Geological Survey, Arizona

Data Center Description
Information and Service:


Arizona Geological Survey publications include several types of
formal publications (maps, bulletins, and the Down-to-Earth
Series), which undergo formal technical and editorial review,
and informal publications (open-file reports, contributed maps,
or contributed reports) which are not reviewed. More information
about these publication series is included on our publications

Earth Science Information Center (ESIC)

When Congress established the United States Geological Survey
(USGS) it gave the Director responsibility for "classification
of the public lands and examination of the geological structure,
mineral resources, and products of the national domain." The
Arizona Legislature established the Arizona Geological Survey
(AZGS) to investigate and describe the geological character of
Arizona and inform the public. Over the years the USGS and the
AZGS have released thousands of geologic maps and reports. In
order to better serve the public the USGS and AZGS entered into
a formal agreement to establish the Earth Science Information
Center (ESIC) to serve as a distribution point for publications
of both agencies. The ESIC is collocated at the AZGS.

Arizona Geology

Arizona Geology is published quarterly to summarize various
aspects of the geology of Arizona, announce and describe new
geologic maps and reports that have been completed, and to
publicize other activities or events that pertain to "things
geologic" in Arizona. Four issues are published and distributed
during the year.

Arizona Geologic Information System (AGIS)

The AGIS is a computer database that was developed to store and
provide access to data on Arizona geology. Data are compiled
from geological investigations and maps completed by AZGS staff
and other professionals. Major components of the AGIS include
GENLIB, a database of AZGS library holdings; AZGEOBIB, a
bibliography of Arizona geology; AZMIN, a database for metallic
mineral districts and production, mine names, including primary
and secondary references; and AZAGE, a compilation of
radiometric age determinations. R. A. Trapp is the AGIS manager.

AZGEOBIB now has more than 11,100 citations, and new citations
are added to AZGEOBIB on a continuing basis. Each citation has
been key-worded by subject, stratigraphic name, and geographic
area. A map showing the 555 geographic areas used in key wording
was released as Open-File Report 95-2. An unindexed,
alphabetical list, by author, of all citations in the database
was released as Open-File Report 95-4. Bibliographic subsets can
be constructed using combinations of subject and location key

Geology Library

The AZGS library contains more than 25,000 volumes, including
all publications of the AZGS and its predecessors, the Arizona
Oil and Gas Conservation Commission, and selected publications
of other governmental agencies. The library also contains theses
and dissertations on Arizona geology, selected technical journal
and bulletin series, textbooks, environmental impact statements
and reviews, and unpublished maps and reports on the geology,
water, energy, and mineral resources of Arizona. The library,
supervised by T. G. McGarvin, is open to the public.

Center for Land Subsidence and Earth Fissure Information (CLASEFI)

In large portions of southern Arizona ground water has been
pumped faster than natural recharge has occurred. As a result
the land surface has subsided and large cracks (fissures) have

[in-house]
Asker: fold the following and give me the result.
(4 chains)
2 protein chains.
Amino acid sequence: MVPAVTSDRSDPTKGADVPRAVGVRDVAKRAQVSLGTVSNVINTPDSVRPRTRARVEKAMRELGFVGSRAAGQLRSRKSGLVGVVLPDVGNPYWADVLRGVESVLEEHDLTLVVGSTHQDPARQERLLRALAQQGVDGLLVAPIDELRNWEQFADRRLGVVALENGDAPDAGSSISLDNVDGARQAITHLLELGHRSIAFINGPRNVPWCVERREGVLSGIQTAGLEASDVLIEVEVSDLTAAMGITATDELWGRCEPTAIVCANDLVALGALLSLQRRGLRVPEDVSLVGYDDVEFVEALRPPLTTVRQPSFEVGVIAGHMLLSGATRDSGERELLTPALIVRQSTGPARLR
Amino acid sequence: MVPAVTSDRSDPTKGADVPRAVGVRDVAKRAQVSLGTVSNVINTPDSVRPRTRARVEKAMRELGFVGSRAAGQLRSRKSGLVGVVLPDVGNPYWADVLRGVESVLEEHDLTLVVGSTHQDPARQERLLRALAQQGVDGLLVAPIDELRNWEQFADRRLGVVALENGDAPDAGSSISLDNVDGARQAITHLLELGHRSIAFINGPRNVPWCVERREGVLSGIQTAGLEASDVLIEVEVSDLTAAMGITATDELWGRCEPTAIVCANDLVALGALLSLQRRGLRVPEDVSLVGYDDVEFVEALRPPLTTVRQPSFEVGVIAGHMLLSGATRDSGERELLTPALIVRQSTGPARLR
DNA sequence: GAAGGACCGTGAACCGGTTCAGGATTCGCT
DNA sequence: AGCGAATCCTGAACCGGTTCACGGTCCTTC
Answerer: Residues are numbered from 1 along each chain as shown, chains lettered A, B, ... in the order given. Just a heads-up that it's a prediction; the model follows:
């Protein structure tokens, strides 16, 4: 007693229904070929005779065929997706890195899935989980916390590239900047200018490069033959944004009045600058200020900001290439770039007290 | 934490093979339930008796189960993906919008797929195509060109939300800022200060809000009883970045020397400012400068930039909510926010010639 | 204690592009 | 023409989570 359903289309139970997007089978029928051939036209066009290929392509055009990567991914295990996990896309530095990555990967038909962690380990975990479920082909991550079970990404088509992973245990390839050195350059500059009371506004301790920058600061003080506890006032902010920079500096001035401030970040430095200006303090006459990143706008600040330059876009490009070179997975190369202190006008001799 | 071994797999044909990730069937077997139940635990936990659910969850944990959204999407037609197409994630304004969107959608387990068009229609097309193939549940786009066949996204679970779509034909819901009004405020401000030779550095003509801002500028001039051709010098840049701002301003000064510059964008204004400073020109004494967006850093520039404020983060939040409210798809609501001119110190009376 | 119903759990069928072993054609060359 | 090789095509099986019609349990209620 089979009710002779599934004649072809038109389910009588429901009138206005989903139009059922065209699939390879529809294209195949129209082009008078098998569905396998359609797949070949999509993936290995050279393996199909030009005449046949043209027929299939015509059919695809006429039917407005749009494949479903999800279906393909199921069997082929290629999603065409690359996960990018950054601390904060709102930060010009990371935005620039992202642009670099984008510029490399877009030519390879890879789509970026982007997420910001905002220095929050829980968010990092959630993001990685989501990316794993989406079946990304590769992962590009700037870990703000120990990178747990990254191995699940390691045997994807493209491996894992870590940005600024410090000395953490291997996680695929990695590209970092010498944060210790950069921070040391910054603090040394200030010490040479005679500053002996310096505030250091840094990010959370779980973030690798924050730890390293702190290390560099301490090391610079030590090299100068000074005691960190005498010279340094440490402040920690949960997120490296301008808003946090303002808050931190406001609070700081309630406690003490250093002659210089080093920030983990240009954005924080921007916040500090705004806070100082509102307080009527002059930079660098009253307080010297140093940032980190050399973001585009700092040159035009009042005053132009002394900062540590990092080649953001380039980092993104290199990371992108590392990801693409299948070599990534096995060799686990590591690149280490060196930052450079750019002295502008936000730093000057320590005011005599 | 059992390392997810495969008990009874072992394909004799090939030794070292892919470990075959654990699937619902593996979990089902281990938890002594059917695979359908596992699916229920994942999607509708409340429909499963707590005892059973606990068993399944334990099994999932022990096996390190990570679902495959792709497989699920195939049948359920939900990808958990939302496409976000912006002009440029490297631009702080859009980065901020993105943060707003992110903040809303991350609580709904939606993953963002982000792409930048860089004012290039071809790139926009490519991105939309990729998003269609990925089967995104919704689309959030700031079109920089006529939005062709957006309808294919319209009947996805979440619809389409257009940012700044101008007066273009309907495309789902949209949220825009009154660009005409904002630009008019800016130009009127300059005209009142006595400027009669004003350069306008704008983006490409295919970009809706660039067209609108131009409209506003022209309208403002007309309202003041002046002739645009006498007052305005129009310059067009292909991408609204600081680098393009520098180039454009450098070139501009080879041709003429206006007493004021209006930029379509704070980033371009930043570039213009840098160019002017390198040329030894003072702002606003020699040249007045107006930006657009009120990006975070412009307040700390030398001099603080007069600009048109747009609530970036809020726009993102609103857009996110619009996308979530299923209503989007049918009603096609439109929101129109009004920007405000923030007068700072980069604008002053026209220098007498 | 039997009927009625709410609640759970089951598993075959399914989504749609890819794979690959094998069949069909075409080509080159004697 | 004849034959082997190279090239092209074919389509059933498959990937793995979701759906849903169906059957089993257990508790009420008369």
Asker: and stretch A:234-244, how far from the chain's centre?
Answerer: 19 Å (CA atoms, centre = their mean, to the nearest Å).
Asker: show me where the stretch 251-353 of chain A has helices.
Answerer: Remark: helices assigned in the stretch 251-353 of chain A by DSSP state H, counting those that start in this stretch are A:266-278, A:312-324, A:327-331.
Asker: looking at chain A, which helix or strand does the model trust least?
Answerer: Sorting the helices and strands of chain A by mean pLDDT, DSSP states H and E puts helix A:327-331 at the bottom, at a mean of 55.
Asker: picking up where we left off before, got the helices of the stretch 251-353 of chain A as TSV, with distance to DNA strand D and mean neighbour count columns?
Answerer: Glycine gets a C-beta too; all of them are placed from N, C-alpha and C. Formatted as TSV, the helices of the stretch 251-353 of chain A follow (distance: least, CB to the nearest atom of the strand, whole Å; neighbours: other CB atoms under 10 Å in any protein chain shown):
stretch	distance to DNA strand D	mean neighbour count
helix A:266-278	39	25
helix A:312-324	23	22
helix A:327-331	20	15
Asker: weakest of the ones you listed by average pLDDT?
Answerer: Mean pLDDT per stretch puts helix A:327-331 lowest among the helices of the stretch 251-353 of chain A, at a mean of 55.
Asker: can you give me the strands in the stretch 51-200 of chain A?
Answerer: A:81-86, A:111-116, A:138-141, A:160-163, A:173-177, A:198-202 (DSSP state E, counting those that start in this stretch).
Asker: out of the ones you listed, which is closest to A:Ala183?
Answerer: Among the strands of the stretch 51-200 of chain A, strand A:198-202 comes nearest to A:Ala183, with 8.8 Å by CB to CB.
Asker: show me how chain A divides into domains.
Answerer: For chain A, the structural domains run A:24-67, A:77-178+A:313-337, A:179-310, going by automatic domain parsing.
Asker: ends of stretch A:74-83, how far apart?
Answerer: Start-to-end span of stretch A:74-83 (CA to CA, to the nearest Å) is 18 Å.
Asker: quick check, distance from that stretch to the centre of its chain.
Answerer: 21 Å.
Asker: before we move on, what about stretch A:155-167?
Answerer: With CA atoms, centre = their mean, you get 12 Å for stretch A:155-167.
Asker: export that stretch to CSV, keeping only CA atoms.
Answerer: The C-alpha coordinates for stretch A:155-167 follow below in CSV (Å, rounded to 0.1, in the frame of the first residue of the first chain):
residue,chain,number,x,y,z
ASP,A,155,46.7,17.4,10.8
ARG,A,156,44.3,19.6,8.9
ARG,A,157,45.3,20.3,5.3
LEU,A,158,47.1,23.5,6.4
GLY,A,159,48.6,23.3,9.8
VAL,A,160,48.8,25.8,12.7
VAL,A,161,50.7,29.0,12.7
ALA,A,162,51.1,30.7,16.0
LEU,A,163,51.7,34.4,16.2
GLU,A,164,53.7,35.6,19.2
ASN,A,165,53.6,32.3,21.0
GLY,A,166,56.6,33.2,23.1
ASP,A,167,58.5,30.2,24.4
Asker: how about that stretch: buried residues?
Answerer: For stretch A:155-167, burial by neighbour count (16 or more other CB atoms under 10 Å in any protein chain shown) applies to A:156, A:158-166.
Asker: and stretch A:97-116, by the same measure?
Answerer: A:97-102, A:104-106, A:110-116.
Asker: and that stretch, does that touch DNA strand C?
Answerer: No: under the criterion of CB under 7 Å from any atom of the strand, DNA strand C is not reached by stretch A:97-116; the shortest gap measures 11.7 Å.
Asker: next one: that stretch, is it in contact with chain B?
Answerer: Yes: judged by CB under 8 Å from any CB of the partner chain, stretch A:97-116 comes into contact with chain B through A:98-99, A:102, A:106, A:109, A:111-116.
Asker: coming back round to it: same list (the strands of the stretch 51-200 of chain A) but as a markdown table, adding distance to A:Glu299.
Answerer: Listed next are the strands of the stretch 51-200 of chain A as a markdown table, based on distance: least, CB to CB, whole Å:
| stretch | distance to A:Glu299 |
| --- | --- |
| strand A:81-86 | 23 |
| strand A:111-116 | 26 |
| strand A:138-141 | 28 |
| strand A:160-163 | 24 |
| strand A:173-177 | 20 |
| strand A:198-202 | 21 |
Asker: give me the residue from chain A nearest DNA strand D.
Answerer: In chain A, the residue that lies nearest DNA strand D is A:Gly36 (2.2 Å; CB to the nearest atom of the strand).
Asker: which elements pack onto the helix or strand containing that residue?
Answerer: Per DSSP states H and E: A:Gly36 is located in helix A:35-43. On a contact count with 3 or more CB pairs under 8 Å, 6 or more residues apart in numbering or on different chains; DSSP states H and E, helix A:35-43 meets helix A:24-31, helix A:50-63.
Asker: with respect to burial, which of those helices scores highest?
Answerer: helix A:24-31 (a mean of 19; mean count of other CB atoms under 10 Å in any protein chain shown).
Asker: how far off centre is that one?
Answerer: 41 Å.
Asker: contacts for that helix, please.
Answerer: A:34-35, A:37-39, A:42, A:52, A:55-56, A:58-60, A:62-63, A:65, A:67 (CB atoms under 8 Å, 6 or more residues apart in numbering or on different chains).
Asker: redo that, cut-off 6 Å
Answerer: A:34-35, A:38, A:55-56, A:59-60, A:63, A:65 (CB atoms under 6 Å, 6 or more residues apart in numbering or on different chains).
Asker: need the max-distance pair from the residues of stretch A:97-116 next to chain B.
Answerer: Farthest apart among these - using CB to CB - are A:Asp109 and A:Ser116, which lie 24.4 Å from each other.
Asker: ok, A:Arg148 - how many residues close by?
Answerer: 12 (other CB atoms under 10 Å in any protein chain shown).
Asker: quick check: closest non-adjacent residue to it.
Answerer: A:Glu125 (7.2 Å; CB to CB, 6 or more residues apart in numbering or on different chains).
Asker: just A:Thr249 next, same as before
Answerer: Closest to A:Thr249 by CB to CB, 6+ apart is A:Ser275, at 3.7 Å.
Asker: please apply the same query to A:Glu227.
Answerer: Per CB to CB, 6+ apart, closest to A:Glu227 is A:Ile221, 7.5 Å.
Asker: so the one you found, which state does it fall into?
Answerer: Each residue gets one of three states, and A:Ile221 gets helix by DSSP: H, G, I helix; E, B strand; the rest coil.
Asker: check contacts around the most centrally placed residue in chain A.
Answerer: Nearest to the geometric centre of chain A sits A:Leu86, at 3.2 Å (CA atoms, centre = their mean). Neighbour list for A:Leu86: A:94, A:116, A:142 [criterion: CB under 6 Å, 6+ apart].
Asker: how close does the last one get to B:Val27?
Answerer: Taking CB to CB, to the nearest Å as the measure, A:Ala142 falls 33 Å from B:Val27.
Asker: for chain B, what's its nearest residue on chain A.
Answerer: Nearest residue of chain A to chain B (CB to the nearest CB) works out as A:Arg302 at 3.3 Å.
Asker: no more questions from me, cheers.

formed. Subsidence and fissures may have adverse impacts on many
land- and resource-management activities. To keep governmental
agencies and the public informed, the Arizona Geological Survey
(AZGS) and the Department of Water Resources collaborated to
form the Center for Land-Subsidence and Earth Fissure
Information (CLASEFI). The AZGS serves as a clearinghouse for
pertinent information. A steering committee composed of
representatives of 12 governmental agencies meets annually to
discuss relevant activities.

Well Cuttings and Core Repository

The AZGS has statutory responsibility to maintain a central
repository for well cuttings and cores and associated
supplemental data. Companies that drill for oil, gas, helium, or
geothermal resources are required by Oil and Gas Conservation
statutes to save rock cuttings during drilling and submit them
to the AZGS, together with logs and other pertinent
information. Rock cores, primarily taken during mineral
exploration, are commonly donated to the AZGS. Because of space
limitations, only representative samples of cores are usually
saved. Cuttings from approximately 4,000 oil and water wells and
cores from many mineral tests are in the repository, which is
open for use by the public.

Mapping and Geologic Investigations

AZGS staff map and describe the bedrock and surficial geology of
Arizona with emphasis on the Phoenix-Tucson urban corridor,
which contains 80 percent of the State's population and is
experiencing rapid development. AZGS conducts geologic
investigations and provide information to local, state, and
federal governmental agencies that have responsibility for
prudently managing Arizona's land, water, mineral, and energy

Oil and Gas

The Oil and Gas Conservation Commission requires that subsurface
data, including rock samples, logs, and testing results, be
submitted for filing and archiving at the AZGS. These data add
to the general understanding of Arizona's geologic framework and
subsurface mineral and energy resources. Well files, organized
by Oil and Gas Conservation Commission drilling permit number,
include information about drilling depth, rock formations
penetrated, casing records, and completion procedures.

Well locations and other information are plotted on a series of
county and regional maps by S. L. Rauzi, Oil and Gas Program


[Summary provided by AZGS]